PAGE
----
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Tribes to talk water accord, dispute notice; meetings allow members to voice opinions on Senate billA series of meetings have been scheduled for members of the Klamath Tribes to discuss the proposed Klamath Basin water settlement package.
According to a news release, the Klamath Tribes tribal council and Klamath Tribes Negotiation Team scheduled the meetings to update Tribes members about the status of the Klamath Water Recovery and Economic Restoration Act (Senate Bill 133), and Klamath Basin adjudication.SB 133 provides legislation to authorize and implement the Klamath Basin agreements: The bill includes the Klamath Basin Restoration Agreement (KBRA), the Klamath Hydroelectric Settlement Agreement (KHSA), both signed in 2010, and the 2014 Upper Klamath Basin Comprehensive Agreement. The potential Mazama Forest acquisition outlined in the KBRA also will be discussed.
Klamath Tribes Chairman Don Gentry said because the settlement package was not enacted by Congress last year as stakeholders had hoped, misinformation about the Tribes position on SB 133 has begun spreading.“We feel it’s important to bring our members up to speed on the facts,” Gentry said.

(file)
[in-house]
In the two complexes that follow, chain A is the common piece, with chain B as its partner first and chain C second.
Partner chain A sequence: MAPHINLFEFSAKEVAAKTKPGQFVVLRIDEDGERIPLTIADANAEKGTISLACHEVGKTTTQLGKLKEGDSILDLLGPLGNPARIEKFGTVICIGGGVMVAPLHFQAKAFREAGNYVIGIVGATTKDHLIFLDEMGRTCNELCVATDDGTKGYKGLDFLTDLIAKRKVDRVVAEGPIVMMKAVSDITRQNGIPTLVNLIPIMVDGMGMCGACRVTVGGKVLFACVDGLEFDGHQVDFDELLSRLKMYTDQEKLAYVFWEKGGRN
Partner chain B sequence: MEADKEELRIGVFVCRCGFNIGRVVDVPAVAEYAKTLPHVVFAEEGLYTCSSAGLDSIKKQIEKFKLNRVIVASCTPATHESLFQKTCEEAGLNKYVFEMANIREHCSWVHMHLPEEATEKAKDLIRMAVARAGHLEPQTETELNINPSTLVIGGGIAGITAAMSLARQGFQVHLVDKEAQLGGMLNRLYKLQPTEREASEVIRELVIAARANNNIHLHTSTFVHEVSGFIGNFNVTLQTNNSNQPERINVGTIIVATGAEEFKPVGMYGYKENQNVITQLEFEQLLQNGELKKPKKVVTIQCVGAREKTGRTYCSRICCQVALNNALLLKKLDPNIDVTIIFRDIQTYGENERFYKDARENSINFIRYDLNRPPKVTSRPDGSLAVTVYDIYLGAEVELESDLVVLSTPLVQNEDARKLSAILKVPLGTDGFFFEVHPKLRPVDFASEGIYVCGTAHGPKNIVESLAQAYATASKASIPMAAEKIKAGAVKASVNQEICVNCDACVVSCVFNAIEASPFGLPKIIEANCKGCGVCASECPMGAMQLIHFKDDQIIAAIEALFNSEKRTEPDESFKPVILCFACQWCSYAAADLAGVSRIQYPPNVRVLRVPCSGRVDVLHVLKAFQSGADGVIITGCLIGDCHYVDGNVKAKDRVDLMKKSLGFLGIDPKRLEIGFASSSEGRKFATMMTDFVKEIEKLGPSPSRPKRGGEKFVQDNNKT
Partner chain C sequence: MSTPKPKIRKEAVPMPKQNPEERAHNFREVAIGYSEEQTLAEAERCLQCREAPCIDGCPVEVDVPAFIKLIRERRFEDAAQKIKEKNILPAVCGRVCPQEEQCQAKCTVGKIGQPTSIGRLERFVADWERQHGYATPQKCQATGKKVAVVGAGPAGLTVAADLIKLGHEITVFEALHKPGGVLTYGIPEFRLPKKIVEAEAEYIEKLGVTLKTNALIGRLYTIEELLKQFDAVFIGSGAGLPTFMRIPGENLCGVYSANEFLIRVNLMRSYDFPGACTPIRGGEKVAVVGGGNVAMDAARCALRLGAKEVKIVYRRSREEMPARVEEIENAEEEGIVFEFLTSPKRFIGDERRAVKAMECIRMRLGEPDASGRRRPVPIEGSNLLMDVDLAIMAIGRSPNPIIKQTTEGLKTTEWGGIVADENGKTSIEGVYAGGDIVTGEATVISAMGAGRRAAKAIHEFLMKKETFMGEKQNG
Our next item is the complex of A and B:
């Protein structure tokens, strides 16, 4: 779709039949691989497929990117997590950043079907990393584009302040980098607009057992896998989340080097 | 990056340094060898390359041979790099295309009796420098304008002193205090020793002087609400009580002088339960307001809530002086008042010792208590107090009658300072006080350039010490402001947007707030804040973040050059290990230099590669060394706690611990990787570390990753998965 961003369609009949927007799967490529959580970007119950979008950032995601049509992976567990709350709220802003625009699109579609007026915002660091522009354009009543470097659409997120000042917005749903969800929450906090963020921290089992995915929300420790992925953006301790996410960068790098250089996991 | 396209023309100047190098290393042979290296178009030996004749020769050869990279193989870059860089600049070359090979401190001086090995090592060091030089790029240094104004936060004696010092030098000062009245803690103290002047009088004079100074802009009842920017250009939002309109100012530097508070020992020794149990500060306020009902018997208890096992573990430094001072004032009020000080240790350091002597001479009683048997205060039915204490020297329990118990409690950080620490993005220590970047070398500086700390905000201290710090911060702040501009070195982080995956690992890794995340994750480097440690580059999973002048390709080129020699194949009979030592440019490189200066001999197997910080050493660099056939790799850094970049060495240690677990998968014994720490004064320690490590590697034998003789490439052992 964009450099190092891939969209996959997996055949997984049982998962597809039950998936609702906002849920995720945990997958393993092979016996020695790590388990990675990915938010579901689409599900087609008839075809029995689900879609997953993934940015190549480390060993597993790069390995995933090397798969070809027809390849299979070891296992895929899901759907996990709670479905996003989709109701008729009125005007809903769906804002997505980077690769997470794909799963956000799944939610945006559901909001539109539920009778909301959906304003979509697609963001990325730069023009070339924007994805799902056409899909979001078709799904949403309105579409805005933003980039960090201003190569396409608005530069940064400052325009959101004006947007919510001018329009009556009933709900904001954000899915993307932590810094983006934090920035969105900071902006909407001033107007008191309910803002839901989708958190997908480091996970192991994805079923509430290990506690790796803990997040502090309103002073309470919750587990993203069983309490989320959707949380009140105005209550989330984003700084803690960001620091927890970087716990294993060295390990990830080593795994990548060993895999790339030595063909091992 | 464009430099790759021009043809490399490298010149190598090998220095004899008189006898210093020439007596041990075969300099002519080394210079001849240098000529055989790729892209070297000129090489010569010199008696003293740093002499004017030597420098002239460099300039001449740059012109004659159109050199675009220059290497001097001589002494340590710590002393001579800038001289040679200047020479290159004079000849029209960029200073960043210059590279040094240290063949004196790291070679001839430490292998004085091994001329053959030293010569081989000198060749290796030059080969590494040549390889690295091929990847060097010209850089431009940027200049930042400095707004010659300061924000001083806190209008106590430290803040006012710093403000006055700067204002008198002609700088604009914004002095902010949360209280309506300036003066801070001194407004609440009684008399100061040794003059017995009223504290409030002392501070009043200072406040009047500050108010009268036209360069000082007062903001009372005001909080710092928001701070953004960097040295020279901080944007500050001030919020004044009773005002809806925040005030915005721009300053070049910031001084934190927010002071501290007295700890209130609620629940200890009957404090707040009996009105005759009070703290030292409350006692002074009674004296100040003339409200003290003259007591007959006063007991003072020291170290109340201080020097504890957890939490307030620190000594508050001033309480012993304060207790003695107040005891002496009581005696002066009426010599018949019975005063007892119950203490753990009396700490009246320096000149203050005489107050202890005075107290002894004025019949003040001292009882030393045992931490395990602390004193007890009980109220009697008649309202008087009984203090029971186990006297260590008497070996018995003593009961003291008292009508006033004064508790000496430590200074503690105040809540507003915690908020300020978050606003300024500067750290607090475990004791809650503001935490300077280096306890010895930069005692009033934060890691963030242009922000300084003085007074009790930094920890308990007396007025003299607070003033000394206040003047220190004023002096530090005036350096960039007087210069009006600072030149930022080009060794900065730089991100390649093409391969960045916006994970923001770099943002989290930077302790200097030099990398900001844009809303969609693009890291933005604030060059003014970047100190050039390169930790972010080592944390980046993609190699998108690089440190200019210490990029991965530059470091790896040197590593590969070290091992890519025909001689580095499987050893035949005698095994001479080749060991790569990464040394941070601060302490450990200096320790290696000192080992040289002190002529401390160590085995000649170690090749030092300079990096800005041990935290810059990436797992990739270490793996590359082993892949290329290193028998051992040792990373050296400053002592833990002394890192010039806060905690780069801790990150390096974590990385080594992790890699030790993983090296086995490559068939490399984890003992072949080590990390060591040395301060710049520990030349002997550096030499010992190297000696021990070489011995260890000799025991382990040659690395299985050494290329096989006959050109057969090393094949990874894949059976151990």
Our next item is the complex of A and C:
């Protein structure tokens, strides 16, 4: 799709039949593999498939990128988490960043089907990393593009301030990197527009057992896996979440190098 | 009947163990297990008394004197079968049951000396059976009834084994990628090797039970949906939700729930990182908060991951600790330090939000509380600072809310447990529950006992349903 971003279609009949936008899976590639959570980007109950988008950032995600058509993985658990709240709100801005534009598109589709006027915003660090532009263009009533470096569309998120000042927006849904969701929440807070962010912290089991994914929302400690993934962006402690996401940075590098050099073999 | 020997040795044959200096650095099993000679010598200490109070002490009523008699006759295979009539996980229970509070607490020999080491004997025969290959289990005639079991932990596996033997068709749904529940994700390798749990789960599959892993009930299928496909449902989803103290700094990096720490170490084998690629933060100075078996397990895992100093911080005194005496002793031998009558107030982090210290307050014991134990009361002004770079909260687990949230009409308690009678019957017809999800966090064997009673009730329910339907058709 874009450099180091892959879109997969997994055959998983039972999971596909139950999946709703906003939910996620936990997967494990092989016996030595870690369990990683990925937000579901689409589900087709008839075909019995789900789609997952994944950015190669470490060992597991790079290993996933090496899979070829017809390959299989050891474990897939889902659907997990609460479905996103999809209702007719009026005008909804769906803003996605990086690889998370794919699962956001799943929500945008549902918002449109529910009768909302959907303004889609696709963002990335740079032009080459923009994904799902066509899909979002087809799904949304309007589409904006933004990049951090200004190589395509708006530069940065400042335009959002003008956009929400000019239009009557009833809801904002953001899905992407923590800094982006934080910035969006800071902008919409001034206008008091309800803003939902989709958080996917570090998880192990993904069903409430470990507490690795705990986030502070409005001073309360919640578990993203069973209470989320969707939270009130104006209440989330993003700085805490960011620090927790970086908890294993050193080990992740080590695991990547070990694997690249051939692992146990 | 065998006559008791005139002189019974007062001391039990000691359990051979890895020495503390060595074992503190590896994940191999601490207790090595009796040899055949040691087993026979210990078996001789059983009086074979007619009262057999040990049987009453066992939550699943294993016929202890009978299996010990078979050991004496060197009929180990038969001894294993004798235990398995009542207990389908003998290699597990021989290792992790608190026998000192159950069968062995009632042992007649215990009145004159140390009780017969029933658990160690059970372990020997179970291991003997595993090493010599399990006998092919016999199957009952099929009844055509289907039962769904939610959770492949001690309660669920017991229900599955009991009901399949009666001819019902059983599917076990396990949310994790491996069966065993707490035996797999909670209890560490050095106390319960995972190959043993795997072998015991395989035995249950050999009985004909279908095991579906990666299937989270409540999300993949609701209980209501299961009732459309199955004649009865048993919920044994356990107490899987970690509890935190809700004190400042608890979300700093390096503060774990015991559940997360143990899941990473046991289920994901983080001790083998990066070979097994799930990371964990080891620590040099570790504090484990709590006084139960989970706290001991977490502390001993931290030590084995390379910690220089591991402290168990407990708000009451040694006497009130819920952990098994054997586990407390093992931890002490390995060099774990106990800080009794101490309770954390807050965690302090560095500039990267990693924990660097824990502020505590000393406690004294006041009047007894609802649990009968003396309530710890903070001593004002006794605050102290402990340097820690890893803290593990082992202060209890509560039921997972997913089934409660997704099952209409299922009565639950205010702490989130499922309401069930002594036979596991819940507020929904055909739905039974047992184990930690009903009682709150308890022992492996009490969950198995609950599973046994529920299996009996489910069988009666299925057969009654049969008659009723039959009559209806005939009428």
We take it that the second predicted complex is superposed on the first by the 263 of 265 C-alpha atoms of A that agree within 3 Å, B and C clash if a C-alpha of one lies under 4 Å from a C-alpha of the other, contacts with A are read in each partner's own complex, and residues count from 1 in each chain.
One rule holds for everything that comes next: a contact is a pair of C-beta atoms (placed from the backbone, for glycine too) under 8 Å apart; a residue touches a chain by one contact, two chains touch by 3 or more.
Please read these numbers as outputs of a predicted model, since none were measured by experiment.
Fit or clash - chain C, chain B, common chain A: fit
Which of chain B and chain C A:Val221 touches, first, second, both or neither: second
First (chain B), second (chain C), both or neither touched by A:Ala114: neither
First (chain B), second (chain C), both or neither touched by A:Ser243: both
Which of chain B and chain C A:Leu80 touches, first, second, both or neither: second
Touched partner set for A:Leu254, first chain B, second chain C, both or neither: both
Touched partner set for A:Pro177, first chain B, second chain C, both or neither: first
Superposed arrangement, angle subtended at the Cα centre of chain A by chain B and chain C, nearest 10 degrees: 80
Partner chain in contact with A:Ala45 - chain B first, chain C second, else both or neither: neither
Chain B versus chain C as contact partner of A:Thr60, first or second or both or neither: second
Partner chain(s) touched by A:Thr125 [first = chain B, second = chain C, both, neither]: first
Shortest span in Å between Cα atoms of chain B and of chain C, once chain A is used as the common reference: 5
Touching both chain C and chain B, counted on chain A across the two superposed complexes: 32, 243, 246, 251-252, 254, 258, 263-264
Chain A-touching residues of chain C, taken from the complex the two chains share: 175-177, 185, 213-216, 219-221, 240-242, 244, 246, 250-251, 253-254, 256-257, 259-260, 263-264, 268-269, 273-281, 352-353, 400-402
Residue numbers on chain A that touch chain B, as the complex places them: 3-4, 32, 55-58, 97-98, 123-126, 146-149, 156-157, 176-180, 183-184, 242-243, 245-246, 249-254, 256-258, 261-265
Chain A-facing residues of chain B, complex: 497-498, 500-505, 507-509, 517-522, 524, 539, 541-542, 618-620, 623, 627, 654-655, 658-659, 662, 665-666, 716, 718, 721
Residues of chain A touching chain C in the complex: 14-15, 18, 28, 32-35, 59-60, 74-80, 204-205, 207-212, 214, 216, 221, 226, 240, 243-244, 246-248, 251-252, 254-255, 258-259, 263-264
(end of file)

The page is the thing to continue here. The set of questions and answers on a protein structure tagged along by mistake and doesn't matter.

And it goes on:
At the meetings, Gentry hopes to clarify that council members still support legislation moving forward and that the settlement package will only be supported as it is written now.According to the release, meetings also will allow tribal members to comment about whether they think it is in the Klamath Tribes best interest to file a Dispute Initiation Notice as provided for in the KBRA.
According to the agreement, if a signatory party believes the KBRA’s bargained-for benefits are no longer achievable and the agreement should terminate, the party must submit a dispute initiation notice within 60 days of Dec. 31, 2014.The meetings are meant to help prepare tribal members for the general council meeting Saturday, Feb. 28, at 10 a.m., according to the release. The general council meeting will be at the Klamath Tribes Administration Building in Chiloquin. The Klamath Tribes have 4,838 enrolled Tribal members, the release said.
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